Divers dance with white whales under icebound Arctic Sea

(Photo Source:

Damage Claims in Timor Oil Spill Keep Spreading

Jakarta Globe, Camelia Pasandaran& Fidelis E Satriastanti, July 29, 2010

Jakarta. Government officials on Thursday said more compensation was needed to pay for the Timor Sea oil spill, because the coastal residents faced long-term losses and the recovery process would take at least 10 years.

Transportation Minister Freddy Numberi declined to quote a figure, but emphasized the need for greater payments from those at fault.

“The mangroves need 10 years to recover, not to mention the fish stocks, which are only expected to return to normal after two years,” he said. “According to scientific calculations, this will take a long time, and we need money to cover the losses.”

Last August, the Montara oil rig blew out in the Timor Sea, polluting waters near East Nusa Tenggara with a large oil slick. The crude has been said to cover 16,420 square kilometers of Indonesian territorial waters.

The well, located 690 kilometers west of Darwin and operated by PTT Exploration & Production Australasia, a unit of the Thai energy major, was staunched 74 days after the spill began.

“In principal, [PTTEP] has agree to pay for losses incurred, but they need time and they need to verify claims. We have requested their data for comparison,” Freddy said.

He had earlier said officials involved in the recovery had demanded that the Thai oil company pay $5 million in reparations for the loss of business suffered by local fishing communities.

According to government data, direct losses from the oil spill add up to Rp 247 billion ($27.4 million) while indirect losses amount to Rp 42 billion.

“The East Nusa Tenggara provincial administration wanted more than Rp 800 billion, but we came up with a more pragmatic amount which doesn’t include the value of environmental losses, which account for the biggest claims,” Freddy said.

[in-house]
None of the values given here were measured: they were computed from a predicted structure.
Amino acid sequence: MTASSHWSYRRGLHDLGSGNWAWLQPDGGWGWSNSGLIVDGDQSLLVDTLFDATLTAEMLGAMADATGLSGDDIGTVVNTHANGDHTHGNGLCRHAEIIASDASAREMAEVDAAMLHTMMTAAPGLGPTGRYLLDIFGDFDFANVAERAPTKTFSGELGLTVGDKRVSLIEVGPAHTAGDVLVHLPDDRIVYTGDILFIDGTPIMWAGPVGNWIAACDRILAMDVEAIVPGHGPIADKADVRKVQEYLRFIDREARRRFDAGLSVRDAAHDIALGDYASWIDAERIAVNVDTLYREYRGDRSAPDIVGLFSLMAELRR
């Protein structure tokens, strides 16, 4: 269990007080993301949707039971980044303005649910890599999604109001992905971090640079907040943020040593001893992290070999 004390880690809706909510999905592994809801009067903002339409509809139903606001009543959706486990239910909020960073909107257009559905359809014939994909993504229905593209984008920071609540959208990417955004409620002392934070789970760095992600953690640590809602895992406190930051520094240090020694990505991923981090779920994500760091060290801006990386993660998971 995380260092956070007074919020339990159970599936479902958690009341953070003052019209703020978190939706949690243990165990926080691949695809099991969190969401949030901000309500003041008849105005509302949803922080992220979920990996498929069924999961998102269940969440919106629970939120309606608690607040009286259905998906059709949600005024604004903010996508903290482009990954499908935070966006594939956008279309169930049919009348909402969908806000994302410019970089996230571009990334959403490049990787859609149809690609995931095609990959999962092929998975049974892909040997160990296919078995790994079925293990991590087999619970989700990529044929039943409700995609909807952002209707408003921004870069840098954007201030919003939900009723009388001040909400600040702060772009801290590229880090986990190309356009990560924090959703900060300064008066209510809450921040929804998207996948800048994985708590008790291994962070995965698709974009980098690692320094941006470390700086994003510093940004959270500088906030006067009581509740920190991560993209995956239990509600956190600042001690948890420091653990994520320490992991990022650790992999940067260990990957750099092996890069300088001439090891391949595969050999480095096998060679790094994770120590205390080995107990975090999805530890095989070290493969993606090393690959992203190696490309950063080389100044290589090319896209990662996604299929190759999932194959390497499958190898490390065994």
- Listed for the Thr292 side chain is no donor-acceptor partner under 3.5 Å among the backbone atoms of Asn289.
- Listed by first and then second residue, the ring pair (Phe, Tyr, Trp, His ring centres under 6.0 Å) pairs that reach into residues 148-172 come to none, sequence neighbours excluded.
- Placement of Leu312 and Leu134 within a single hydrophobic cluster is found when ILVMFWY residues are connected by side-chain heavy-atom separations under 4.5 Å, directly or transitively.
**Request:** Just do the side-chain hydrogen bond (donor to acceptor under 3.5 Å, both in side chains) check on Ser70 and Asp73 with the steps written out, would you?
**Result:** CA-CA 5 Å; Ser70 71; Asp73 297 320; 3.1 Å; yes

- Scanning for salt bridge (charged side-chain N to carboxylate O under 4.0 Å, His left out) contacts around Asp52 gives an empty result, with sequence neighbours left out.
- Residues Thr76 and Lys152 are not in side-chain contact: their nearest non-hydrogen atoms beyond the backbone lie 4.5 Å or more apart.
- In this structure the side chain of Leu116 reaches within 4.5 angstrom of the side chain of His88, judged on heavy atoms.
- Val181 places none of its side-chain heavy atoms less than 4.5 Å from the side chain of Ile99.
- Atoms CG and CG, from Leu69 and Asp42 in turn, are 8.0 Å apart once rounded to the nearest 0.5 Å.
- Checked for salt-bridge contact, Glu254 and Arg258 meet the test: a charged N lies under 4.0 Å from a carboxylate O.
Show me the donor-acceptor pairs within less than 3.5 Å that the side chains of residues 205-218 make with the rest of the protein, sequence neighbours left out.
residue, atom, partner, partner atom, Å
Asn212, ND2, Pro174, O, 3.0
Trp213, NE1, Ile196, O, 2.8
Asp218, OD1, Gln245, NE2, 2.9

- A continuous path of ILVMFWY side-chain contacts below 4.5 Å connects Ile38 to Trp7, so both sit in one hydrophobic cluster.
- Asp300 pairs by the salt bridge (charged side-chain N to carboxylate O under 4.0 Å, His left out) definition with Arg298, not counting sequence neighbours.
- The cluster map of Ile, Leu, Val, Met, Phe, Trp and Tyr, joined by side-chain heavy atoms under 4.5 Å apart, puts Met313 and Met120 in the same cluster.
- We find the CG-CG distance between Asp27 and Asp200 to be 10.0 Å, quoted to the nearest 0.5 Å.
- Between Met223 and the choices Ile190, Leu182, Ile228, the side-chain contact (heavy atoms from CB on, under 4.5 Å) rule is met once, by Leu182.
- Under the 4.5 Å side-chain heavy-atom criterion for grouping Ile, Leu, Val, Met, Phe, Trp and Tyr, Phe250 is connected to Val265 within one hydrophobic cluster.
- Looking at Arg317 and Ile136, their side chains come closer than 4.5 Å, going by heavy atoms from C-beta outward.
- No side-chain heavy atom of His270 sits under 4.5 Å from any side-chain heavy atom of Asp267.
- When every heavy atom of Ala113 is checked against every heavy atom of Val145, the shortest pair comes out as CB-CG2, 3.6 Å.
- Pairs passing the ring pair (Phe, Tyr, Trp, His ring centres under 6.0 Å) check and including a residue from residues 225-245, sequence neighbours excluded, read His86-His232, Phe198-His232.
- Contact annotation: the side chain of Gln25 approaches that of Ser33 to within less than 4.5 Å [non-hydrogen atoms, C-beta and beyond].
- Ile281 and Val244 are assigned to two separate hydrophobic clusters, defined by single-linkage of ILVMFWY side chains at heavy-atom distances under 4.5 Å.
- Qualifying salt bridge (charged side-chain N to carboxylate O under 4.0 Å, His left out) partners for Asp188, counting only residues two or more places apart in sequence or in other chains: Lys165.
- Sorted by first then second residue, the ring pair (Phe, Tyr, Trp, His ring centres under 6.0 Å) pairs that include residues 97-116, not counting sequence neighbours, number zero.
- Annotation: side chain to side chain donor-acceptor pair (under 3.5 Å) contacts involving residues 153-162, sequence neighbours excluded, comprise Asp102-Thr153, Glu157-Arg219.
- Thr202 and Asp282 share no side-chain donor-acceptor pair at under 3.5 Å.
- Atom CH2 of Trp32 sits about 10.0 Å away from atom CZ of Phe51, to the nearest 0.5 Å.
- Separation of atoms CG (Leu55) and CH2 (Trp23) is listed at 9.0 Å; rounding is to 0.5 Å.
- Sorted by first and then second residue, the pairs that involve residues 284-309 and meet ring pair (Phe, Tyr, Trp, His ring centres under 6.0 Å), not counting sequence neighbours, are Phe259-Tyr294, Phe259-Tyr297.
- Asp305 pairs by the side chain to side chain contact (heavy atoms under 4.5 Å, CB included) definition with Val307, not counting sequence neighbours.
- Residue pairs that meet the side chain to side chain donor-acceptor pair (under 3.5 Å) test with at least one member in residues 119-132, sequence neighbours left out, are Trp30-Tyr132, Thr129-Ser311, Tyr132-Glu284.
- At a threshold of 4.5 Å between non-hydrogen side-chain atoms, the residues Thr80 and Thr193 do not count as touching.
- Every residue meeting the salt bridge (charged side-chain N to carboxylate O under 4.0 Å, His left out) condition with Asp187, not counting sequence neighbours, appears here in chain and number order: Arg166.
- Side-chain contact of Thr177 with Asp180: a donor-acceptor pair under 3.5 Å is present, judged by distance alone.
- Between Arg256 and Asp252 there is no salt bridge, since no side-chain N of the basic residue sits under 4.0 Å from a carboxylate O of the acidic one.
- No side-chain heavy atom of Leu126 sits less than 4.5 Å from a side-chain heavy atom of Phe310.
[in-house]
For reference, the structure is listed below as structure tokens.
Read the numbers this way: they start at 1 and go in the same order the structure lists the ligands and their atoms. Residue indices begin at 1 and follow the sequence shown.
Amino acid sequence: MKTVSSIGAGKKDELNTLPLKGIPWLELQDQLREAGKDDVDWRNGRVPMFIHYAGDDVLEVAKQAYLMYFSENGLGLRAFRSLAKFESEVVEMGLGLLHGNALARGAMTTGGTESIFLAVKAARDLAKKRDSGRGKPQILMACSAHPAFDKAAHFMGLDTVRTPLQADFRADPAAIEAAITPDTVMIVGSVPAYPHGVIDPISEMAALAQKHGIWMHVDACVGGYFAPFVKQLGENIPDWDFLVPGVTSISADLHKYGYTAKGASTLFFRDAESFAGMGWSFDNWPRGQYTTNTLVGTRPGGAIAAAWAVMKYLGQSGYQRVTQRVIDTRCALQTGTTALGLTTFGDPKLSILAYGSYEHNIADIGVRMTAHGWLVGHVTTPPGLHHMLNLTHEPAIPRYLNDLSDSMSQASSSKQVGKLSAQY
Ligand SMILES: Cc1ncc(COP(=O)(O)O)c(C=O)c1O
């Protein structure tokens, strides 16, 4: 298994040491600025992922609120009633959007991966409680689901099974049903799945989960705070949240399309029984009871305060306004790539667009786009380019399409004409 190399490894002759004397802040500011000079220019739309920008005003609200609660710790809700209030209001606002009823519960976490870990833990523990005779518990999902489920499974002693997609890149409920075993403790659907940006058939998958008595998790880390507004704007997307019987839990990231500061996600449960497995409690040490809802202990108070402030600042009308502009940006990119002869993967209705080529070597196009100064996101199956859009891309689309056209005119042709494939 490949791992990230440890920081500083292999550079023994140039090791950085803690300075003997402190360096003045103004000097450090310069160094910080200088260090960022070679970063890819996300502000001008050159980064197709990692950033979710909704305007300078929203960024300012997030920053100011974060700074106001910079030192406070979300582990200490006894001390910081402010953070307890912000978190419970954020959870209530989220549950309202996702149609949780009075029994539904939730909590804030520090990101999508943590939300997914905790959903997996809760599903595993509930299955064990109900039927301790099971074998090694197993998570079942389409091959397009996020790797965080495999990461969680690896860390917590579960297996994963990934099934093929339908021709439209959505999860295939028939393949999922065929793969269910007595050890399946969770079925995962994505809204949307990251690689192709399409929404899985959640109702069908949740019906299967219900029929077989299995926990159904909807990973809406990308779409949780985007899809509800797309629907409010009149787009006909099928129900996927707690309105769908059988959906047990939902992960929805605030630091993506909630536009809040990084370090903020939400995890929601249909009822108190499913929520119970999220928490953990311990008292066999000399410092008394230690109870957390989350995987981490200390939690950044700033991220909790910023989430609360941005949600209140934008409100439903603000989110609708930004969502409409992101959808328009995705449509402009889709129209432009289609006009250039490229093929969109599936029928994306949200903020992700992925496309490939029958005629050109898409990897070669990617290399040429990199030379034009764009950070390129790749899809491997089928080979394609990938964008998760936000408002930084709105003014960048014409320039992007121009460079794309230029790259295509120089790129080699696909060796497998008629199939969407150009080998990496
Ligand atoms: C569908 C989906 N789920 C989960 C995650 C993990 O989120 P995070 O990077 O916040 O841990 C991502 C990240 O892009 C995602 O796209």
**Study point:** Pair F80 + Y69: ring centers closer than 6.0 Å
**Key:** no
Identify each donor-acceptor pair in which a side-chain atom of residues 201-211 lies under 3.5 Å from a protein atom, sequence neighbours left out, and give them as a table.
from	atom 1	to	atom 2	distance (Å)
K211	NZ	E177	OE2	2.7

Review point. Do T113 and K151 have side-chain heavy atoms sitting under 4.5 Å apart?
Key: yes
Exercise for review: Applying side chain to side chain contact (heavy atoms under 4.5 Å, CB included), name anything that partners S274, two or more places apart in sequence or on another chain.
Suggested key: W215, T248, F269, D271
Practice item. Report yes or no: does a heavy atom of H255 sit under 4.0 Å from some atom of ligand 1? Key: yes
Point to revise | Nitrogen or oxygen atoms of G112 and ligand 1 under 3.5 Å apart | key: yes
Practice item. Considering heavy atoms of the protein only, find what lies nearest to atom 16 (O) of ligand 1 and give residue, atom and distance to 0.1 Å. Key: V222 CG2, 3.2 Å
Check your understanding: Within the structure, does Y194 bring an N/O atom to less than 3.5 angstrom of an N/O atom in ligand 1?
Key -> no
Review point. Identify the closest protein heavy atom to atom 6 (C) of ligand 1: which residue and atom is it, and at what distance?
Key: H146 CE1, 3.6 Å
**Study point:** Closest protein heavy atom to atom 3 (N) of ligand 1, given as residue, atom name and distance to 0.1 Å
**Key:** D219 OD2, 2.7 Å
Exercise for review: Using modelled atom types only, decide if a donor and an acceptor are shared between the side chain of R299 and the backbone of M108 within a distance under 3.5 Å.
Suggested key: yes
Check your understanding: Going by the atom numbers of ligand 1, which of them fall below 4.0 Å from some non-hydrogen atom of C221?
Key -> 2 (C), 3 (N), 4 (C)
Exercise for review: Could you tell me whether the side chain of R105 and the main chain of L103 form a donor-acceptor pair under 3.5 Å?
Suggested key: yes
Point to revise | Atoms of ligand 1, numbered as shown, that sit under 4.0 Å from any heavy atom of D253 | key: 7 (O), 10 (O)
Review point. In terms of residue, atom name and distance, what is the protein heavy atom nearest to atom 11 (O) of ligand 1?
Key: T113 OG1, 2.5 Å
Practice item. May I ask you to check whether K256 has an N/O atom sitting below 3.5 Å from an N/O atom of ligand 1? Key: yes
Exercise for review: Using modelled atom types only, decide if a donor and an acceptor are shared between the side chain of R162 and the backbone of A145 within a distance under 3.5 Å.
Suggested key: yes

Separately, Ferdi Tanoni from the West Timor Care Foundation, which supports impoverished fishermen in Eastern Indonesia, claimed the numbers were nonsense because they were not based on scientific research.

“The numbers keep changing. It just shows how unprofessional the [recovery] team is. We have been strongly demanding that they not come forward with numbers until independent scientific investigations have been conducted,” he said.

“We cannot say for sure how long the environment will take to recover. What if it takes 30 years? Then how do we distribute the money to sustain the livelihoods of those people most effected by this spill?”

Meanwhile, Jose Martins, director and chief financial officer of PTTEP Australasia, said in a statement that no claims for compensation with verifiable evidence of any damage have been presented to the company yet.

Martins also said that the company and the government would exchange and review scientific data, and that the government would present a formal written claim to PTTEP.

Thursday, July 29, 2010

Indonesia, US navies conduct disaster handling exercise

Antara News, Thursday, July 29, 2010 19:28 WIB

Ambon, Maluku (ANTARA News) - The United States and Indonesian navies held a joint exercise on Wednesday on the handling of natural disasters in integrated ways, a spokesman said.

The exercise which involved about 40 personnel from the Indonesian Defense Forces (TNI), the United States Navy (USN) and Maluku`s Search and Rescue (SAR) team lasted one day, spokesman of the US hospital ship USNS Mercy T-H 19 for Pacific Partnership 2010 Affairs, Daniel Bernardi, said.

"This exercise is held to provide knowledge on how to handle a natural disaster in an integrated way because a natural disaster in one country is different from that in another one," Bernardi said.

So, he said, if a natural disaster happens in a country, rescue workers sent to help mitigate the victims can provide assistance effectively because they already know how to handle it.

He said the joint exercise was divided into two sessions, one was on theories organized at the office of the Maluku governor`s office while the other one was field practice.

Bernardi said that during the Sail Banda event, the Pacific Partership 2010 held a lot of exercises, among others in the health field, emergencies and other types of exercises.
"We call the exercise SMET (Subject Matter Expert Training) which sometimes involve Australia, Singapore, Indonesia and the United States," he said.

The USNS Mercy is in Maluku on a Pacific Partnership 2010 mission and to support Operation Surya Bhaskara Jaya which is part of the international yachting event, Sail Banda.